“The people and environment at CHOC are so inviting. The colors, the calming effects, the videos and books and toys in the waiting rooms—everything makes it easier on the kids, and the parents, too,” Danielle says. “Everyone from the people in Dr. Shulman’s office to the team who draws blood, is amazing. They give Mac toys to distract her from the poke, and that raises her comfort level.”
Mac’s family, based in Orange County, feels lucky to have their care team so close to home.
“Some people have to drive long distances to see a qualified rheumatologist, and we are lucky to have our team so close to home,” Danielle says.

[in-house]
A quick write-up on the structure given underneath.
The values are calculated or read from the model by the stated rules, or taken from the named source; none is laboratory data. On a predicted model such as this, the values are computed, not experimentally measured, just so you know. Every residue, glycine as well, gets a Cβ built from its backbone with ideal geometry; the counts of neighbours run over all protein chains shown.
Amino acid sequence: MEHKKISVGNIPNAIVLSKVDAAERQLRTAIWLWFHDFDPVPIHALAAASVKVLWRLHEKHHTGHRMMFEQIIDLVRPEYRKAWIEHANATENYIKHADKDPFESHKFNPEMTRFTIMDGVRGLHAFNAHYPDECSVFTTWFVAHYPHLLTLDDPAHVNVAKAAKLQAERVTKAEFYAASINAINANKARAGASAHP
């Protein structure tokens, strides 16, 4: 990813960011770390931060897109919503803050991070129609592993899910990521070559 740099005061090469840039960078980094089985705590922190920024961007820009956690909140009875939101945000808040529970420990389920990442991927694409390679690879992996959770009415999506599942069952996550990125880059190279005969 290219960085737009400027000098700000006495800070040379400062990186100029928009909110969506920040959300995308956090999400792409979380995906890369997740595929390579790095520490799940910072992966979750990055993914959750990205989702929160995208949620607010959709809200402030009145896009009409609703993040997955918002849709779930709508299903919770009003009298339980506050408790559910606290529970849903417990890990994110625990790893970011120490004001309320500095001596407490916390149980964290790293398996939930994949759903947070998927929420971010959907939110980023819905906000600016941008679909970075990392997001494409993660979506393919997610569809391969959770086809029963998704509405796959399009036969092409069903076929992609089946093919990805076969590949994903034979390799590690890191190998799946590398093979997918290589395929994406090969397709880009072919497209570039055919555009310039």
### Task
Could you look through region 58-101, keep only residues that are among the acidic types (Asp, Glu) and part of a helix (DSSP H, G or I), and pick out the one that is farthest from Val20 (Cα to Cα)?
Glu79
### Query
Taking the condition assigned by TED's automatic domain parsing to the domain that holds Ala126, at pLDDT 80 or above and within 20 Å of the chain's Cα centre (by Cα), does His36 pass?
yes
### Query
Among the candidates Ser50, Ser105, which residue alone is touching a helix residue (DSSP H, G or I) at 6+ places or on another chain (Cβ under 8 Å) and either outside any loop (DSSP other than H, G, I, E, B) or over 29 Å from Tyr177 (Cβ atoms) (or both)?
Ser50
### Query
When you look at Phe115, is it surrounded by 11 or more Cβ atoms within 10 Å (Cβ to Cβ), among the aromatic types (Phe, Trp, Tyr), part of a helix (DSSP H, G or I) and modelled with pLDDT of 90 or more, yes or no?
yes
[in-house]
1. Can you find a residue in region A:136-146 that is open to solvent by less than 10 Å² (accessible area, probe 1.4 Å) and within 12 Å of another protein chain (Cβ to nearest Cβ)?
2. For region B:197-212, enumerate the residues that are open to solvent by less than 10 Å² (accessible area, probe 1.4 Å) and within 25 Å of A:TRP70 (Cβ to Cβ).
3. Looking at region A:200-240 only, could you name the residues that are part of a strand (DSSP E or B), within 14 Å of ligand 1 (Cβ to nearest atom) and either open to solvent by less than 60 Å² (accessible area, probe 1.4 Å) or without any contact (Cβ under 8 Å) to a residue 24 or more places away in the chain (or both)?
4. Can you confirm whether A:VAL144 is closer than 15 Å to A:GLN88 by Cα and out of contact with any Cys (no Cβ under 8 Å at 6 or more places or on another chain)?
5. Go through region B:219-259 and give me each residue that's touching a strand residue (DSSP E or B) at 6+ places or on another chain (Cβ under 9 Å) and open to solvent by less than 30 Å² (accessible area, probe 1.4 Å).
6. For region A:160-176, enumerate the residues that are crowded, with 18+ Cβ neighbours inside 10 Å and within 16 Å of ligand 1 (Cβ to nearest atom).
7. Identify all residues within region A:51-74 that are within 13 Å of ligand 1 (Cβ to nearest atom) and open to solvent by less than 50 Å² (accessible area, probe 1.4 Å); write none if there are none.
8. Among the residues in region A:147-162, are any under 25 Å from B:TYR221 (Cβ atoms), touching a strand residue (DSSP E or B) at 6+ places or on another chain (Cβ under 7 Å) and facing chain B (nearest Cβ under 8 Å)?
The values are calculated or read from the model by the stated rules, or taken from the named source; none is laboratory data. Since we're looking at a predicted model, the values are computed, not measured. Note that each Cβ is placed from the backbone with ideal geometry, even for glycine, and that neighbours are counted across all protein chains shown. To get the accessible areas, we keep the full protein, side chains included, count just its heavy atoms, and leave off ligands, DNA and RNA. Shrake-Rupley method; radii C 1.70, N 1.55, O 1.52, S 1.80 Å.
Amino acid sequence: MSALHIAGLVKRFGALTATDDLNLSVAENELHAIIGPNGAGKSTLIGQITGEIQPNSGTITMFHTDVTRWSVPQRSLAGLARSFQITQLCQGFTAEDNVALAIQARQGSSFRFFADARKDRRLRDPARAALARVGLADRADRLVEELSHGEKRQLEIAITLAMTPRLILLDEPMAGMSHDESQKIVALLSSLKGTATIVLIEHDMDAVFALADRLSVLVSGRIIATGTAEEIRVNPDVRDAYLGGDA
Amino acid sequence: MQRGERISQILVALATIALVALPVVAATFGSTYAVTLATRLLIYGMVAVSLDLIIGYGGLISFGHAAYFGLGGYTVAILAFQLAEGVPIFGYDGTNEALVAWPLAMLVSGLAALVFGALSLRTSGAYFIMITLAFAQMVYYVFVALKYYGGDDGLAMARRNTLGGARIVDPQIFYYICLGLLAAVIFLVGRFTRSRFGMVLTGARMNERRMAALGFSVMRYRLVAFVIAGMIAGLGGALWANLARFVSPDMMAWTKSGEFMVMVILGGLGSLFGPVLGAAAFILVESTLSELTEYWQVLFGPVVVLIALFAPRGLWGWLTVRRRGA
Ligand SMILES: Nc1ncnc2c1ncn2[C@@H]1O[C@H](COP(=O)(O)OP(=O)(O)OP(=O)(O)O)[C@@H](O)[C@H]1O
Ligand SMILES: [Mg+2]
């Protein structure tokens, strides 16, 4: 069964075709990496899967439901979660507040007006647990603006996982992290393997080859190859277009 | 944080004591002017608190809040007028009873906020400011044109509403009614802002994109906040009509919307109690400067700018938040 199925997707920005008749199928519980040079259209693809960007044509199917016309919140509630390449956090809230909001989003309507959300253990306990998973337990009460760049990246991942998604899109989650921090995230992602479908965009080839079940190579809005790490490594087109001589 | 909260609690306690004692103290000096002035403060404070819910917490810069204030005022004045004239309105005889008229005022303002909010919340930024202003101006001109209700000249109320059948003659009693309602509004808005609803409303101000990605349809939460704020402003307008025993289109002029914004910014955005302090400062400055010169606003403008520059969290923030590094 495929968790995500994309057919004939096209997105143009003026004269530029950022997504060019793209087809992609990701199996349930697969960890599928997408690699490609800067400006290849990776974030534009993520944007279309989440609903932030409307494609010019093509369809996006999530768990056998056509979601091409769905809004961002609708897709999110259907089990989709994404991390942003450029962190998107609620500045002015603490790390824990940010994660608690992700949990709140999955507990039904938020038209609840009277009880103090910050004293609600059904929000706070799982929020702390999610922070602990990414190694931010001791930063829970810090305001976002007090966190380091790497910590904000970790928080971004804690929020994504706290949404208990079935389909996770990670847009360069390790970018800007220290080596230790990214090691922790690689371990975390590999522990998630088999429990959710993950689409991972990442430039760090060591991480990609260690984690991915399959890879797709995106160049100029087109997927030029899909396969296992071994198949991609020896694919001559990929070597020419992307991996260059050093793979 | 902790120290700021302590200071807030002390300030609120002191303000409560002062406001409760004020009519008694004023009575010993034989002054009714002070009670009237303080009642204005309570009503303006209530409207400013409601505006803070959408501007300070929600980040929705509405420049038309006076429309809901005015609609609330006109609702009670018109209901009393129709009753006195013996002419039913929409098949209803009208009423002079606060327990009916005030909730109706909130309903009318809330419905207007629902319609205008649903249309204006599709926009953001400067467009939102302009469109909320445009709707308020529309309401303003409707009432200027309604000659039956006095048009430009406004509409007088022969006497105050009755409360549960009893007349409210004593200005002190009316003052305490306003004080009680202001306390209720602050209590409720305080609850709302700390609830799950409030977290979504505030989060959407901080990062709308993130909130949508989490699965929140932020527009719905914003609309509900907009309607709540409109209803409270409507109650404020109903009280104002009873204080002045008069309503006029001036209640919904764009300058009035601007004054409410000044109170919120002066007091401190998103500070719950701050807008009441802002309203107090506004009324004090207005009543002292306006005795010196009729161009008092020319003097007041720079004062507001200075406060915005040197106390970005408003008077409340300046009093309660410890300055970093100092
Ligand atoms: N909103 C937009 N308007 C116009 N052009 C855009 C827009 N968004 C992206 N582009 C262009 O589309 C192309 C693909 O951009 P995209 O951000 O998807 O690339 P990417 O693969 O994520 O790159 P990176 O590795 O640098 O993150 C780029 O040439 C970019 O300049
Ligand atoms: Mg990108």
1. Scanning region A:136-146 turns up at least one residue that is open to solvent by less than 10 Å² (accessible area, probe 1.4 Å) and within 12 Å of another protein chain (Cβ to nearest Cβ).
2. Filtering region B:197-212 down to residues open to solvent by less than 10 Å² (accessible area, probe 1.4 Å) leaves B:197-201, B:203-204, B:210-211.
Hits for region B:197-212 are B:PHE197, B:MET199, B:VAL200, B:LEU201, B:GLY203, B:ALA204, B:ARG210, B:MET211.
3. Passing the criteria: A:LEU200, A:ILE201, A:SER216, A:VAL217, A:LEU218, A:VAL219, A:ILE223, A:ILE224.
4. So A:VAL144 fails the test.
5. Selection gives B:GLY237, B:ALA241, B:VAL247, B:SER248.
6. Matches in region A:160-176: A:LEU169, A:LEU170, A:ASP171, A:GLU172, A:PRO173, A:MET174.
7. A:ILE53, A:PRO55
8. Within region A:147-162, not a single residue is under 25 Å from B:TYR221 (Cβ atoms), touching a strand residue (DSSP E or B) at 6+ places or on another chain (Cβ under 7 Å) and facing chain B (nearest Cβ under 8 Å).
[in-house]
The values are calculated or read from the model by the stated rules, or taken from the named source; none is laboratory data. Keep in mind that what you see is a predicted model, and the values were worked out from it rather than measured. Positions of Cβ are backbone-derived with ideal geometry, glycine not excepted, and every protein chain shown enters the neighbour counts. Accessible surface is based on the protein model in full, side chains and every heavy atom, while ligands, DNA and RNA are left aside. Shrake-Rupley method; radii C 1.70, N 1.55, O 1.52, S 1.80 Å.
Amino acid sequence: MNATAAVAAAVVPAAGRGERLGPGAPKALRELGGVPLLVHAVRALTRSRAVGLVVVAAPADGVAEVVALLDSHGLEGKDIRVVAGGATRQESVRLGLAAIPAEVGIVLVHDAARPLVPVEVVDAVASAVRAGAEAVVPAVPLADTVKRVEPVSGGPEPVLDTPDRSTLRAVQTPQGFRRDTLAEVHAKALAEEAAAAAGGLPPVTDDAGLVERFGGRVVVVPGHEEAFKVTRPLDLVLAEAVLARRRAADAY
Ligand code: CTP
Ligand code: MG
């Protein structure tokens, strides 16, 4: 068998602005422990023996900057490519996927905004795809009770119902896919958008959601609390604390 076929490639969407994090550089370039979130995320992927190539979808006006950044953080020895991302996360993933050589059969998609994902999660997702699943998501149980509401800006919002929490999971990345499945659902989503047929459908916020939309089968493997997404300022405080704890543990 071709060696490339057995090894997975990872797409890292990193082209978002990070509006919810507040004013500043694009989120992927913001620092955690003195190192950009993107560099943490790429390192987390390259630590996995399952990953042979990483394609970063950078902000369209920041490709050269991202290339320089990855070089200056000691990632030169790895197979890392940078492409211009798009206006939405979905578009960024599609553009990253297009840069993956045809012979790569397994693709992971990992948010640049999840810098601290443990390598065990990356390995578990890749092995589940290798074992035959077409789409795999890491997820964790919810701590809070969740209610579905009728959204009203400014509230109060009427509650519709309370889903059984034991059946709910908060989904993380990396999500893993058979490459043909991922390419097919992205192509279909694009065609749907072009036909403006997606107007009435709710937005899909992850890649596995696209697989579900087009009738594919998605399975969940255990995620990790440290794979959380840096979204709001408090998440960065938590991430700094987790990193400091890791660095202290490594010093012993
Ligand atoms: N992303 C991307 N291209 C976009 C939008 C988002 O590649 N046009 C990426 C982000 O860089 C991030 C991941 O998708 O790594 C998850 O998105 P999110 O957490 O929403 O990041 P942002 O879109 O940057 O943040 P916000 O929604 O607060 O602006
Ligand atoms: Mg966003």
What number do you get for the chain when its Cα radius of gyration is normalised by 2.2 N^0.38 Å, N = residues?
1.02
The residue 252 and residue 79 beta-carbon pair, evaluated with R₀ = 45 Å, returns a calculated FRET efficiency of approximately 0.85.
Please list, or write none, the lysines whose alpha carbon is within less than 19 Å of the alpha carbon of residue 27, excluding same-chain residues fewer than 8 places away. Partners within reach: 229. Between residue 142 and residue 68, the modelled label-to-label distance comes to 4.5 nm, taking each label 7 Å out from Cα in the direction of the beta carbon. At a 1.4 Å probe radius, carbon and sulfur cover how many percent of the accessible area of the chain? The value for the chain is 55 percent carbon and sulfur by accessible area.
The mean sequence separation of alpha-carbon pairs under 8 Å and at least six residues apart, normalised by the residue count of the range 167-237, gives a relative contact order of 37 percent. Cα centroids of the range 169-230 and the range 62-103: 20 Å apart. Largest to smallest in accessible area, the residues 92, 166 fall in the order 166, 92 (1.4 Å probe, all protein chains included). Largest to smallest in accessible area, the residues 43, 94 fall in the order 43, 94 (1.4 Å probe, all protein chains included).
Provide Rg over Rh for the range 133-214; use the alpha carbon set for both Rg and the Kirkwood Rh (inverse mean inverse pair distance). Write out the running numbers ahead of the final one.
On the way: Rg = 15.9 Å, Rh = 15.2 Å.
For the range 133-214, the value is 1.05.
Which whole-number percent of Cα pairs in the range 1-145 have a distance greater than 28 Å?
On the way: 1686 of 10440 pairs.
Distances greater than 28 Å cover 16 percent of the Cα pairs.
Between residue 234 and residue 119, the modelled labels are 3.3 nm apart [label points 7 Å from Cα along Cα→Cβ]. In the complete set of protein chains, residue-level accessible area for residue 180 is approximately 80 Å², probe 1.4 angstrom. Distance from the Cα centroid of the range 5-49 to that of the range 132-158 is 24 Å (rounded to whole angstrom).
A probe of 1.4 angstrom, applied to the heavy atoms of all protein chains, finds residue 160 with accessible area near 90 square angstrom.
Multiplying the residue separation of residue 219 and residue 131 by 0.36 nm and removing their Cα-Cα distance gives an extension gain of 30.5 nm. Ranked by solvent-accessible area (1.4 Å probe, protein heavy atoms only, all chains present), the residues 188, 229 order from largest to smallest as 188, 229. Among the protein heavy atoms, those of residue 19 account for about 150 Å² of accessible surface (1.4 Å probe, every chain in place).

- Seventeen-year-old Carson comes from a close-knit family of athletes and had been playing baseball for a decade when consistent, unexplained pain left his family stumped and looking for answers. Countless ...
- “Chronic inflammation can be manifest in many ways,” says Dr. Boon. “Signs parents might see in their child include fatigue, fever, rash, joint pain or swelling, sores in their mouth, ...
- While it can’t be cured, juvenile arthritis can be well managed with long-term medications and therapy, and affected children can live normal lives, a CHOC Children’s rheumatologist says. “There are such ...